At the foot of the hill there is a tangle of meeting streets - Step Street, that used to be the only way to clamber up to Pera; the wriggling narrow alleys that squirm through a Greek quarter of tall, dirty houses to infamous Five-Piastre and Ten-Piastre Streets in the vicious sailor town of Galata; the one street that leads to the cable tunnel, where the cars climb underground to the top of the hill - all opening into the square of Kara-keuy before the Valideh Sultan Keuprisi, the far-famed Outer Bridge that leads to Stamboul. White-frocked toll-collectors stood there in rippling rank, closing and parting before the throng, to the rattling chink of ten-para pieces falling into their outstretched hands. And flowing between them like an unending torrent between swaying piles, poured that bubbling ferment of all races and all religions - from Pera to Stamboul, and from Stamboul to Pera. Floating silk Arab head-dresses, helmets, turbans of yellow and red, smart fezzes, fezzes with green turbans around them to mark the relative of the Prophet, fezzes with white turbans around them - priests and teachers - Persian tarbouches, French hats, panamas. Veiled women in whose faces no man looked, hurrying along in little groups, robed in tcharchafs of black and grey and light brown, wearing extravagantly high-heeled French slippers too big for their feet, and followed by an old black female slave; Arabs from the Syrian desert in floating white cloaks; a saint from the country, bearded to the eyes, with squares of flesh showing through his coloured rags, striding along, muttering prayers, with turban all awry, while a little crowd of disciples pressed after to kiss his hand and whine a blessing; bare-legged Armenian porters staggering at a smooth trot, bent under great packing-cases and shouting 'Destour!' to clear the way; four soldiers on foot with new rifles; helmeted police on horseback; shambling eunuchs in frock coats; a Bulgarian bishop; three Albanians in blue broadcloth trousers and jackets embroidered with silver; two Catholic Sisters of Charity walking at the head of their little donkey-cart, presented to them by the Mohammedan merchants of the Great Bazaar; a mevlevi, or dancing dervish, in tall conical felt hat and grey robes; a bunch of German tourists in Tyrolean hats, equipped with open Baedekers, and led by a plausible Armenian guide; and representatives of five hundred fragments of strange races, left behind by the great invasions of antiquity in the holes and corners of Asia Minor. Pera is European - Greek, Armenian, Italian - anything but Turkish. Where goes this exotic crowd that pours into Pera? You never see them there.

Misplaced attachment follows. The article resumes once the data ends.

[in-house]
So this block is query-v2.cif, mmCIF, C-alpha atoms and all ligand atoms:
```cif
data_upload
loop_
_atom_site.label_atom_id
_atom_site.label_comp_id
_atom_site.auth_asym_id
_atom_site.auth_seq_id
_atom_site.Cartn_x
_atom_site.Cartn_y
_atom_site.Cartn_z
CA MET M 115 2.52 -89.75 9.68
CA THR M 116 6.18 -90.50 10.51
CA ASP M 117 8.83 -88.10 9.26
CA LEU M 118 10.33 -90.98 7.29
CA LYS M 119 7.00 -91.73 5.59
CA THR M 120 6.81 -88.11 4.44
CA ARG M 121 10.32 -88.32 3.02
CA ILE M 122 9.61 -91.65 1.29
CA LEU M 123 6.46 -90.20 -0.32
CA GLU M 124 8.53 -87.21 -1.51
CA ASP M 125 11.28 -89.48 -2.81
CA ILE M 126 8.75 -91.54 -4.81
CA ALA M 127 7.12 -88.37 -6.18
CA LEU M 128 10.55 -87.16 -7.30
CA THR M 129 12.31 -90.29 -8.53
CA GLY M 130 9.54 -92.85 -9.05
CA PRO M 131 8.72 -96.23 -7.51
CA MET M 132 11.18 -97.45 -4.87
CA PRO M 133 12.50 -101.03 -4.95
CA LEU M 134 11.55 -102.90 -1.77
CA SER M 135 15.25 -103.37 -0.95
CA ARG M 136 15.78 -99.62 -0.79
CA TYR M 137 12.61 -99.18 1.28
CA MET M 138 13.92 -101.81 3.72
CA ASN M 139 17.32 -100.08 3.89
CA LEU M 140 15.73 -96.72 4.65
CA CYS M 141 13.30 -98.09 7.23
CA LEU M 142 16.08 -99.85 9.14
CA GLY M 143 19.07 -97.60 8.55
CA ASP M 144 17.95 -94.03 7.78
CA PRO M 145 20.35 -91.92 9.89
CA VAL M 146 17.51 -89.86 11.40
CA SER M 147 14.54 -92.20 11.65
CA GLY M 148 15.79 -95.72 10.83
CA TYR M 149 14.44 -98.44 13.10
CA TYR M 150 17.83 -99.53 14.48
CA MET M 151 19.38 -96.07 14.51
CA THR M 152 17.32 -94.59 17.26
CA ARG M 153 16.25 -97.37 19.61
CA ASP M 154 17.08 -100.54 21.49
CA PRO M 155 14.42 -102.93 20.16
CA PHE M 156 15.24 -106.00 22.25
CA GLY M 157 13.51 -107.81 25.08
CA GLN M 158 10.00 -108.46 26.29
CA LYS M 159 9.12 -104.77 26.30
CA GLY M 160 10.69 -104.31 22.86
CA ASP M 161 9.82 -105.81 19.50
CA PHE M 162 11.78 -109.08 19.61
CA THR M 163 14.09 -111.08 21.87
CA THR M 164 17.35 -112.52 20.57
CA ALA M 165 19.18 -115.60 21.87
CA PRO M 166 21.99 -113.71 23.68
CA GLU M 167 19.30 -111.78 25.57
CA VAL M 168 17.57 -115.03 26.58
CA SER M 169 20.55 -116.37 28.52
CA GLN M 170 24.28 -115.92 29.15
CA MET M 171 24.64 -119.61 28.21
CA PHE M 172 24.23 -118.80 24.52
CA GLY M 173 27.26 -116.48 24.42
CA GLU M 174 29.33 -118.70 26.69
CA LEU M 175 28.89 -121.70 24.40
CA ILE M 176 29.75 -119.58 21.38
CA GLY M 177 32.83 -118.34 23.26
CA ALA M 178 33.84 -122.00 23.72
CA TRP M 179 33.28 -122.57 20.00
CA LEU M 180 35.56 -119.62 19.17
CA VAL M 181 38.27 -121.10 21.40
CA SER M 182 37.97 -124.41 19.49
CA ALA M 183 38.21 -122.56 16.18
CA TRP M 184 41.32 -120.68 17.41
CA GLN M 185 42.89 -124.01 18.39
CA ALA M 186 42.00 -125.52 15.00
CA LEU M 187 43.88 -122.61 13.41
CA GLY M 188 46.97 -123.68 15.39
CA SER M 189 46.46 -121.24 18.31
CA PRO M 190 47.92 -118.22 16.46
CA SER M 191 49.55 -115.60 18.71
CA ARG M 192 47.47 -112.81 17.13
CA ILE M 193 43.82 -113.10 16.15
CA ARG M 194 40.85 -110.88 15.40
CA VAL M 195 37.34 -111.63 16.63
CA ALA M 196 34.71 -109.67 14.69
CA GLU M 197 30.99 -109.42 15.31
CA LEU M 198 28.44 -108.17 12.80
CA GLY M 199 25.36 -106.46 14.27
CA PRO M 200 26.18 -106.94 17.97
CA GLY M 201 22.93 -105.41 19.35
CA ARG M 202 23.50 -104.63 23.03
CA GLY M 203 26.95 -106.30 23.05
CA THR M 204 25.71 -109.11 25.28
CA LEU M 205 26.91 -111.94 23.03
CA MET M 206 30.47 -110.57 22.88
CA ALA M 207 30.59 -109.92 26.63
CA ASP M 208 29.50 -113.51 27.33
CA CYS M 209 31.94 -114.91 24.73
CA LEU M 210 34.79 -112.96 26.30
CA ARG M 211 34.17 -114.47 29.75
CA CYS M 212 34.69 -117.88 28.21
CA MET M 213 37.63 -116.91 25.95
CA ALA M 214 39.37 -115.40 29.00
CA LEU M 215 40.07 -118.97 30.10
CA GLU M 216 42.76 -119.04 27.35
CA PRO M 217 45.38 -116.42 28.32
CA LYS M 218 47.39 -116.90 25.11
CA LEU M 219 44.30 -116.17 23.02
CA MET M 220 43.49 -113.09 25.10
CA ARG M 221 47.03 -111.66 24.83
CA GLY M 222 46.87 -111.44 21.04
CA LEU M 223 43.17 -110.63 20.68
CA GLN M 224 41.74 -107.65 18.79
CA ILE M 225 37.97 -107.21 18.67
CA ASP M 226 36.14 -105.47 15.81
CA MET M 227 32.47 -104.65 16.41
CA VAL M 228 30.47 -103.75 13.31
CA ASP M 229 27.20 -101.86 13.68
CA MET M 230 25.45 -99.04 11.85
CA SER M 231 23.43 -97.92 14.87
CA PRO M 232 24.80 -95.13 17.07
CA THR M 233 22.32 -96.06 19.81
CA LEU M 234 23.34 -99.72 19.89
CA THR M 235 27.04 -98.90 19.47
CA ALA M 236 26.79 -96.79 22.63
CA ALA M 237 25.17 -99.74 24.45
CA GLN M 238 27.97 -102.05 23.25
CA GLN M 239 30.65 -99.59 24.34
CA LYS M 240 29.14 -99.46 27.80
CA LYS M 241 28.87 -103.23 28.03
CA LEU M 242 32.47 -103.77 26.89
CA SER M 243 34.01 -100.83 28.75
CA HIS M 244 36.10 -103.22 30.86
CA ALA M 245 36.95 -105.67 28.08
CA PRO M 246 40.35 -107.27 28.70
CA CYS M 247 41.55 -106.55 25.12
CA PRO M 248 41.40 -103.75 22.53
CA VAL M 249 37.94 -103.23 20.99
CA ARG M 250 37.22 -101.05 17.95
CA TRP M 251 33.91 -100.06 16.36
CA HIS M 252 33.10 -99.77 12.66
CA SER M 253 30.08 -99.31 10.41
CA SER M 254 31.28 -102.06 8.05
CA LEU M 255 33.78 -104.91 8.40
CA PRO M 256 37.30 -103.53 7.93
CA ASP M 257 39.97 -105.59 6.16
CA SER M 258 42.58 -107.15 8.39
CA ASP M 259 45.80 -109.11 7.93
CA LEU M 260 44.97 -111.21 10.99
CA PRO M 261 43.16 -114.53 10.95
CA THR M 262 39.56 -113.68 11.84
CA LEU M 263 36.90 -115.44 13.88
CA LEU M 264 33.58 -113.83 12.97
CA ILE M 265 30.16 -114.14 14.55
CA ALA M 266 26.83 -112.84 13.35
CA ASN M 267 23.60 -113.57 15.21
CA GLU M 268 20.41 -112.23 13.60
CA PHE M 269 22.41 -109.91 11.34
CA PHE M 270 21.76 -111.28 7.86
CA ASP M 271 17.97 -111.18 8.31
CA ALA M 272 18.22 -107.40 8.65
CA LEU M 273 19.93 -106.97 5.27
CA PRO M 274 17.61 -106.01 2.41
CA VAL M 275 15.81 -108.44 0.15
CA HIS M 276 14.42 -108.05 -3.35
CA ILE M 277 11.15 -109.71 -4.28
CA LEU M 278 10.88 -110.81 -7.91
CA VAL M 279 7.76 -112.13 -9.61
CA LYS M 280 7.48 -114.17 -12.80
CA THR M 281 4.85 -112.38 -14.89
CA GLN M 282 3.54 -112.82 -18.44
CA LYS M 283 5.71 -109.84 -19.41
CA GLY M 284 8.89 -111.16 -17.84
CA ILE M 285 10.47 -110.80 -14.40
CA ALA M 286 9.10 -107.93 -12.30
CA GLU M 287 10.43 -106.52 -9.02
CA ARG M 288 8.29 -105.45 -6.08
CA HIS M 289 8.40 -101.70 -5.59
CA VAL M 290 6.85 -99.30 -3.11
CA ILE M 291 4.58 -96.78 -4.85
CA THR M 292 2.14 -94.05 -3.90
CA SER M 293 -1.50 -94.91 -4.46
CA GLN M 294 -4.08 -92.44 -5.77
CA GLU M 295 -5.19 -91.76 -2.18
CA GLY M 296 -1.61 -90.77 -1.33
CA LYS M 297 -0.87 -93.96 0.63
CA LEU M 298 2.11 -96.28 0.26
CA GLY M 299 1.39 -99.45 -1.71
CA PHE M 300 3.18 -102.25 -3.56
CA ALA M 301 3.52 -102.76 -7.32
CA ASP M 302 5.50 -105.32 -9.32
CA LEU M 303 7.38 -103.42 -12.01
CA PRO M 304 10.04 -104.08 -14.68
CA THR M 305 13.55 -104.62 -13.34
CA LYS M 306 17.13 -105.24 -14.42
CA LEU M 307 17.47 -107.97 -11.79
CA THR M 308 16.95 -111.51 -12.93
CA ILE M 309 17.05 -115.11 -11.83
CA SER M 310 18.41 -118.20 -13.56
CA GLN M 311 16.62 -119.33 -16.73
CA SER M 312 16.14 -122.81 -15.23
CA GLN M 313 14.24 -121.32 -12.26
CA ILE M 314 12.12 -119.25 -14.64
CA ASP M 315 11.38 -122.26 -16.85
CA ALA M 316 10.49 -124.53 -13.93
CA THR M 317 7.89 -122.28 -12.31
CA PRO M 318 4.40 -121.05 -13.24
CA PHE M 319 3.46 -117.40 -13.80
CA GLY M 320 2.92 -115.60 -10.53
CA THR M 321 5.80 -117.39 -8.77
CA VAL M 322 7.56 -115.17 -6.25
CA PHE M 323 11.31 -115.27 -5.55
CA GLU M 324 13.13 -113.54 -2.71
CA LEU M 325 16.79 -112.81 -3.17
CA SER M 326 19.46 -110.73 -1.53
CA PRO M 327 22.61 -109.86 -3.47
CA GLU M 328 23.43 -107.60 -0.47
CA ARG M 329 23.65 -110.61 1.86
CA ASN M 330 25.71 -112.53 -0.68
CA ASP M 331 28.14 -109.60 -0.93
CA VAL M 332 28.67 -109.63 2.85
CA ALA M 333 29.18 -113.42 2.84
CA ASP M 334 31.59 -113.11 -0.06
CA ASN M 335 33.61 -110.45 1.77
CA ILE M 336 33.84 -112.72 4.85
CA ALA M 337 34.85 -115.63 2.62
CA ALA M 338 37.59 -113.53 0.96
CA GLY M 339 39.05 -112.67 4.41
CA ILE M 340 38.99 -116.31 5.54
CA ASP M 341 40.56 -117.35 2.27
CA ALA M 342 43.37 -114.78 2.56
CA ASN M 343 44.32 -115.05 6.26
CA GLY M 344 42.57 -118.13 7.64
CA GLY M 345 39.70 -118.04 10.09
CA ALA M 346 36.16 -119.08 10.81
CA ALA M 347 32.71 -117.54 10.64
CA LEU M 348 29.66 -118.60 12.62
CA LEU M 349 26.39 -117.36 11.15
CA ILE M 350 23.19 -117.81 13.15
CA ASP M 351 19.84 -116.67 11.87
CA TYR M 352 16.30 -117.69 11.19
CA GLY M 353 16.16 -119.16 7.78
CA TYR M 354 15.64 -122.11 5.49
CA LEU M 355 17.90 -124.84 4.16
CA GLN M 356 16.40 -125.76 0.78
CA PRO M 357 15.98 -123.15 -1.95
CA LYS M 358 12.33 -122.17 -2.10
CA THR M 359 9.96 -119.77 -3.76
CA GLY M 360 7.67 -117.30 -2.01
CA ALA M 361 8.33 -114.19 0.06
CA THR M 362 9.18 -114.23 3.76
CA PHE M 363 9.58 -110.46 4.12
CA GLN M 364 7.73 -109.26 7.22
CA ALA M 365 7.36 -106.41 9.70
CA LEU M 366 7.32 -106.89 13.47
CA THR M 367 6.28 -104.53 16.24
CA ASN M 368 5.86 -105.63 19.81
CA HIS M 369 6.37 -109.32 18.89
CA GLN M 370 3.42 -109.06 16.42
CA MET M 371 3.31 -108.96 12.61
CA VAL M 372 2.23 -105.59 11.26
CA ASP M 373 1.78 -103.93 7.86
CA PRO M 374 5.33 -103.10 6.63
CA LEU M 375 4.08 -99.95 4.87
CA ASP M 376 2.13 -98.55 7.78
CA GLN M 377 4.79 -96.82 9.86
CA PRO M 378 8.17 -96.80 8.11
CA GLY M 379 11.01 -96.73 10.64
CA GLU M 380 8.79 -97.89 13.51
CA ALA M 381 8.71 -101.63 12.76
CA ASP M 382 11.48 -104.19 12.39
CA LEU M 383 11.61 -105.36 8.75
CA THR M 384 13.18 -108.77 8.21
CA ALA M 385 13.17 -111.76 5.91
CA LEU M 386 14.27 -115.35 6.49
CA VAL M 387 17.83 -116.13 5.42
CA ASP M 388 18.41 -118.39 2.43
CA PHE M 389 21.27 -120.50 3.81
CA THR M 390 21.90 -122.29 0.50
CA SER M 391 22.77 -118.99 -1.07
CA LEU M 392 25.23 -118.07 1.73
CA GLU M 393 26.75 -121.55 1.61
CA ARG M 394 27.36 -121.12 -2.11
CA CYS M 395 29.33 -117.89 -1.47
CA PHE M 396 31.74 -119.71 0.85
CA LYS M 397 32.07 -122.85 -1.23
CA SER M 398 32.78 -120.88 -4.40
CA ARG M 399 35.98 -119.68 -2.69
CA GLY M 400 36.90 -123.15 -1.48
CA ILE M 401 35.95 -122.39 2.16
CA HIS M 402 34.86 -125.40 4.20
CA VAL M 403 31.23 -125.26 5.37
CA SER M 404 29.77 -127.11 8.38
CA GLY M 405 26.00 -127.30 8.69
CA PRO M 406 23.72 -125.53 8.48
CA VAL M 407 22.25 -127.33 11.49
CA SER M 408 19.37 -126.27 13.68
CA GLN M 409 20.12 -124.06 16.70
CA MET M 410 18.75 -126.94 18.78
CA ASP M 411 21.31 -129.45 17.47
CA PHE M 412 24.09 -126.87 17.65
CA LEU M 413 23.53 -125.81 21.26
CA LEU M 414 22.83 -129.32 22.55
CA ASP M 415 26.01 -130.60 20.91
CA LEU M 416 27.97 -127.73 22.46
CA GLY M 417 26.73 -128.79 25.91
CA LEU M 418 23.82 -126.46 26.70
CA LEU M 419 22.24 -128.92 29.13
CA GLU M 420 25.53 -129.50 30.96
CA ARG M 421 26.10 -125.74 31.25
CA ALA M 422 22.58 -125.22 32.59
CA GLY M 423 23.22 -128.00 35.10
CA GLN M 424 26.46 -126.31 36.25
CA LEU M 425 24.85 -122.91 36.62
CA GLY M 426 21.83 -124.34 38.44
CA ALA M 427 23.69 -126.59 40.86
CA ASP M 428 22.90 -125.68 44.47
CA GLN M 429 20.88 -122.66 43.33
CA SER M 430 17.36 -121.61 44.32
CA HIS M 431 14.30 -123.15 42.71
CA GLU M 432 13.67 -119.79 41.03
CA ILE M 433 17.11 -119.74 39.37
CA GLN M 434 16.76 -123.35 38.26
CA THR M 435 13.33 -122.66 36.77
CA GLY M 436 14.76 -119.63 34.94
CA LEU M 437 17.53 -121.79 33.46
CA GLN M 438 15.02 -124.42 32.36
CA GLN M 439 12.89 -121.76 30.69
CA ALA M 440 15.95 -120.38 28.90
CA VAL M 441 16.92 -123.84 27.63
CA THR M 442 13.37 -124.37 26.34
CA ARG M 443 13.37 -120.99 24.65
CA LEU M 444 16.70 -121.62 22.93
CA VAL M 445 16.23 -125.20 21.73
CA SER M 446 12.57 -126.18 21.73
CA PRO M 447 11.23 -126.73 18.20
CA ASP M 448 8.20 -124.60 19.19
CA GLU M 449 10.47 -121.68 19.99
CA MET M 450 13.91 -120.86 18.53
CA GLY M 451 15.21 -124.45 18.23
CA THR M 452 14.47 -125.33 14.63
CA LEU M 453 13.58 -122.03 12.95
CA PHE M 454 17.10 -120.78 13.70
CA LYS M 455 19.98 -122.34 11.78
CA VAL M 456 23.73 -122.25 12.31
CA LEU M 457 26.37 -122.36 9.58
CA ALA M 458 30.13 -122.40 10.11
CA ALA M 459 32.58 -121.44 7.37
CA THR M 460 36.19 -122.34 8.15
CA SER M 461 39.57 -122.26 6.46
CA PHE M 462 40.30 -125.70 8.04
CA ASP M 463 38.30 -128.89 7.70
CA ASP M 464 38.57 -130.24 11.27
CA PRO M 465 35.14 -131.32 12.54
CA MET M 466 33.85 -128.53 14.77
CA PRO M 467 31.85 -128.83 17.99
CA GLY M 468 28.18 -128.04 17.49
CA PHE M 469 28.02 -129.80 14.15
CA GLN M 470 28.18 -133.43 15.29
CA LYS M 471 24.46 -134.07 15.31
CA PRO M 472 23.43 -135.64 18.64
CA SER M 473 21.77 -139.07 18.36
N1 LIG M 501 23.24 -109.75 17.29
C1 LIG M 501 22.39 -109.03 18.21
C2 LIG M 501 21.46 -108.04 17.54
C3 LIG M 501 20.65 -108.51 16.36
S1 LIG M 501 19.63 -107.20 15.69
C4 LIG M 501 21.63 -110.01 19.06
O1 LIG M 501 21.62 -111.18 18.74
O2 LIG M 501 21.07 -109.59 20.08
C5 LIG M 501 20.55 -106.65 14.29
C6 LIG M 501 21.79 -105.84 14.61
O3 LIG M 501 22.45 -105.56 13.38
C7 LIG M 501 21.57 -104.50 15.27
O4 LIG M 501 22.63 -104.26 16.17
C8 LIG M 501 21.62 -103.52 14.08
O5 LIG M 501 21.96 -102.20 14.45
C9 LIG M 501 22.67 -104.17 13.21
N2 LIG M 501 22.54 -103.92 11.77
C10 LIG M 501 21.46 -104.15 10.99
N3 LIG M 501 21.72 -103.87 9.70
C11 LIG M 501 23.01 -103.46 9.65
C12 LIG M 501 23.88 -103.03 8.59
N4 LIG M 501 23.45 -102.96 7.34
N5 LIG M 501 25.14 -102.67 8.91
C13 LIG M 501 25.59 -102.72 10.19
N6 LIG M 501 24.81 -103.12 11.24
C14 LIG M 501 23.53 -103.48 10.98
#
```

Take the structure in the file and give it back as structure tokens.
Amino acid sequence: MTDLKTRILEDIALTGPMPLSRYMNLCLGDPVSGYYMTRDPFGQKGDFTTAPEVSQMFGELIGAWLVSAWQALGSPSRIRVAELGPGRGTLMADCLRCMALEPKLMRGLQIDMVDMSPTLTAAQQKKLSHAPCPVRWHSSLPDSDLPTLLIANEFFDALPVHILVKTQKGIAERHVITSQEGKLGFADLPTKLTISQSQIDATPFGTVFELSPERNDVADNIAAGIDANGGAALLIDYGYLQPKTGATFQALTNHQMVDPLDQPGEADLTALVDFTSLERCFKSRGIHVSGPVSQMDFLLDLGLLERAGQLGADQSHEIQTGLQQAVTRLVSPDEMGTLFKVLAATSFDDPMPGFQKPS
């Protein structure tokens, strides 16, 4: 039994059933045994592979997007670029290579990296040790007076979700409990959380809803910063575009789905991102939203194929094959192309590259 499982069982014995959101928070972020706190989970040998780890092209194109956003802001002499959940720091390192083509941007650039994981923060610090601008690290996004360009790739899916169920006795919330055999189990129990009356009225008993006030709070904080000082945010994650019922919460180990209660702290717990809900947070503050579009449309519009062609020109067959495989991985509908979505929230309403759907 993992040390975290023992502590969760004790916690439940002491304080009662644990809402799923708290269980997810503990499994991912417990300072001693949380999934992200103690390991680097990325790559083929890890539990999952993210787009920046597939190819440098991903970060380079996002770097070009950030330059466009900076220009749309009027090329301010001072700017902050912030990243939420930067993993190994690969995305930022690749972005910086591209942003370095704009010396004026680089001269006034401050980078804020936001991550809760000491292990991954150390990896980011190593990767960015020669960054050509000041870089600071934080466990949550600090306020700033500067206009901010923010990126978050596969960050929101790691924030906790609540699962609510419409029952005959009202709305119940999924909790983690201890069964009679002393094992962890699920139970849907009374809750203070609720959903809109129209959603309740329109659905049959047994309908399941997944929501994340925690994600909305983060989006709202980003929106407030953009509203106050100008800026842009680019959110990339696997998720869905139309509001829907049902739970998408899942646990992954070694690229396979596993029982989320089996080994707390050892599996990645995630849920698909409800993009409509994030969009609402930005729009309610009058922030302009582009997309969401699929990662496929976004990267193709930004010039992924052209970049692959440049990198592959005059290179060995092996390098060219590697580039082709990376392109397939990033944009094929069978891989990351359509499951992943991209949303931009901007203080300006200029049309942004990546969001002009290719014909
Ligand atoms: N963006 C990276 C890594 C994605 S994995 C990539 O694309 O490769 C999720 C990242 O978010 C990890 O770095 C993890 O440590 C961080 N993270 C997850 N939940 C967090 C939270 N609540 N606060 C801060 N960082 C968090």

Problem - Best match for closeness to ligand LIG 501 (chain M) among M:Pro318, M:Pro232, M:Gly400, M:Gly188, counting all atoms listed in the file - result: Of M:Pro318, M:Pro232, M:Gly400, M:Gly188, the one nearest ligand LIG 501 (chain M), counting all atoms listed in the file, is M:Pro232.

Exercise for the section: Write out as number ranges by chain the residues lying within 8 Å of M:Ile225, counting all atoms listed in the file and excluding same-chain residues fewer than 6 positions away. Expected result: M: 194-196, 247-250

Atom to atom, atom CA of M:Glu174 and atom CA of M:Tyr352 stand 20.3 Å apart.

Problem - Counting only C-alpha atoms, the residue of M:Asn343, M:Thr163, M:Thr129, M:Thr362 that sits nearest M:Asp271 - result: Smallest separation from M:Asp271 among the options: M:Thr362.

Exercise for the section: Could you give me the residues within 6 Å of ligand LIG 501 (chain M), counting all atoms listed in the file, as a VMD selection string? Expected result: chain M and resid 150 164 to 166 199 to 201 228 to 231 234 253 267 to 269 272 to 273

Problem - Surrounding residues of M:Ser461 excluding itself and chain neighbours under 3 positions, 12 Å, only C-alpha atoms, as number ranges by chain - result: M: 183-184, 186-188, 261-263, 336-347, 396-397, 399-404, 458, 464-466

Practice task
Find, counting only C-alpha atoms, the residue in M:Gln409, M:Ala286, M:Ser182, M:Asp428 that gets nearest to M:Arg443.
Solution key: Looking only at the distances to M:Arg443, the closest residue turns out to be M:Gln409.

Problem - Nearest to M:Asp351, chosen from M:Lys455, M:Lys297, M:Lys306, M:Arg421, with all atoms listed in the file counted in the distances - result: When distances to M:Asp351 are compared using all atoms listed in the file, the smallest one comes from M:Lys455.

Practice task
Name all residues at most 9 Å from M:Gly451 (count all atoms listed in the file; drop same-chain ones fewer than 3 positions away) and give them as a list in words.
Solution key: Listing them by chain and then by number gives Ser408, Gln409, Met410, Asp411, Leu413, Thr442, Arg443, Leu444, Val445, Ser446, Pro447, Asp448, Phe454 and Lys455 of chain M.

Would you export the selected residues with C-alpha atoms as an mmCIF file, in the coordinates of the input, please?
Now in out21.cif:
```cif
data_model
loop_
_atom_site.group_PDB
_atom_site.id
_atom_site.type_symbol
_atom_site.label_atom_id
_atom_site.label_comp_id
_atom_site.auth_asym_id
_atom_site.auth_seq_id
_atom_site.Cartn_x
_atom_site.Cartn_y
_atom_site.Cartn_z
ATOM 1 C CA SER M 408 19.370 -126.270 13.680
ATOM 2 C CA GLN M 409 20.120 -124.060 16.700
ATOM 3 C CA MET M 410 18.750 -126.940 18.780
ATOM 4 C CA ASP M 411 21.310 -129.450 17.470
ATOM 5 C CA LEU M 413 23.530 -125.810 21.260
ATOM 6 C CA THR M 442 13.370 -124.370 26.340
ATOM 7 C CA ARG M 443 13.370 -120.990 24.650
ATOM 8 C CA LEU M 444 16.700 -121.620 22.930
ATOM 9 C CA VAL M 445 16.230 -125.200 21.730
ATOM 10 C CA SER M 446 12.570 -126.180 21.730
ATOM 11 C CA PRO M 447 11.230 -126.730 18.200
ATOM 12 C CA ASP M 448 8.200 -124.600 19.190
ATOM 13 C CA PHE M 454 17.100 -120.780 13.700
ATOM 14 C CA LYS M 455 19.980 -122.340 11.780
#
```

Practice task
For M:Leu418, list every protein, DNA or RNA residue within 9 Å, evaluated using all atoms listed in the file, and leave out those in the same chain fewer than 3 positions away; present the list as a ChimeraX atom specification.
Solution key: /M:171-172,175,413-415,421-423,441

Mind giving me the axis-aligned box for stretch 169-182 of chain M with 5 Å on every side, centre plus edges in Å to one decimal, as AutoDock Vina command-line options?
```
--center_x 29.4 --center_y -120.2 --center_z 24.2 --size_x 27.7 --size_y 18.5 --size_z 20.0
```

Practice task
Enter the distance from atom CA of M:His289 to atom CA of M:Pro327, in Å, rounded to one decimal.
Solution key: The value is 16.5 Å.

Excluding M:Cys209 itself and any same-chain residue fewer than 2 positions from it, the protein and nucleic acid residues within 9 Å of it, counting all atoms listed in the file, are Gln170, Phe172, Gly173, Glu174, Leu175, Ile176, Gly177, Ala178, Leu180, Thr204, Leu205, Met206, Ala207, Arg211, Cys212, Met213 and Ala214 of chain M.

A thousand venders of the most extraordinary merchandise - Angora honey, helva, loukoum of roses, kaymak (made from the milk of buffaloes shut in a dark stable), obscene postal cards, cigarette-holders of German glass, Adrianople melons, safety-pins, carpets manufactured in Newark, New Jersey, celluloid beads - moved among the crowd shouting their wares, bellowing, whining, screaming: 'Only a cent, two cents - On paras, bech paraya.'

To the right lay the Port of Commerce, crowded with ships, and the Inner Bridge beyond, all up the splendid sweep of Golden Horn. Outside the bridge was a row of pontoons placed there to guard the port from English submarines, and against the barrier the chirket hariés - Bosphorus steamboats - backing precipitously out with screaming whistles into the thick flock of caïks that scatter like a shoal of fish. Beyond, across the bright-blue dancing water, the coast of Asia rising faintly into mountains, with Scutari dotted white along the shore. Stamboul, plunging from that magnificent point, crowned with palaces and trees, into the sea.... From left to right the prodigious sweep of the city, and the great mosques: Agia Sophia, built by the Emperoror Justinian a thousand years ago, all clumsy great buttresses of faded red and yellow: the Mosque of Sultan Selim, who conquered Mecca; the Mosque of Sultan Achmet; Yeni Valideh Djami, at the end of the bridge; Sultan Suleyman the Magnificent - he who was a friend of François Premier; Sultan Bayazid....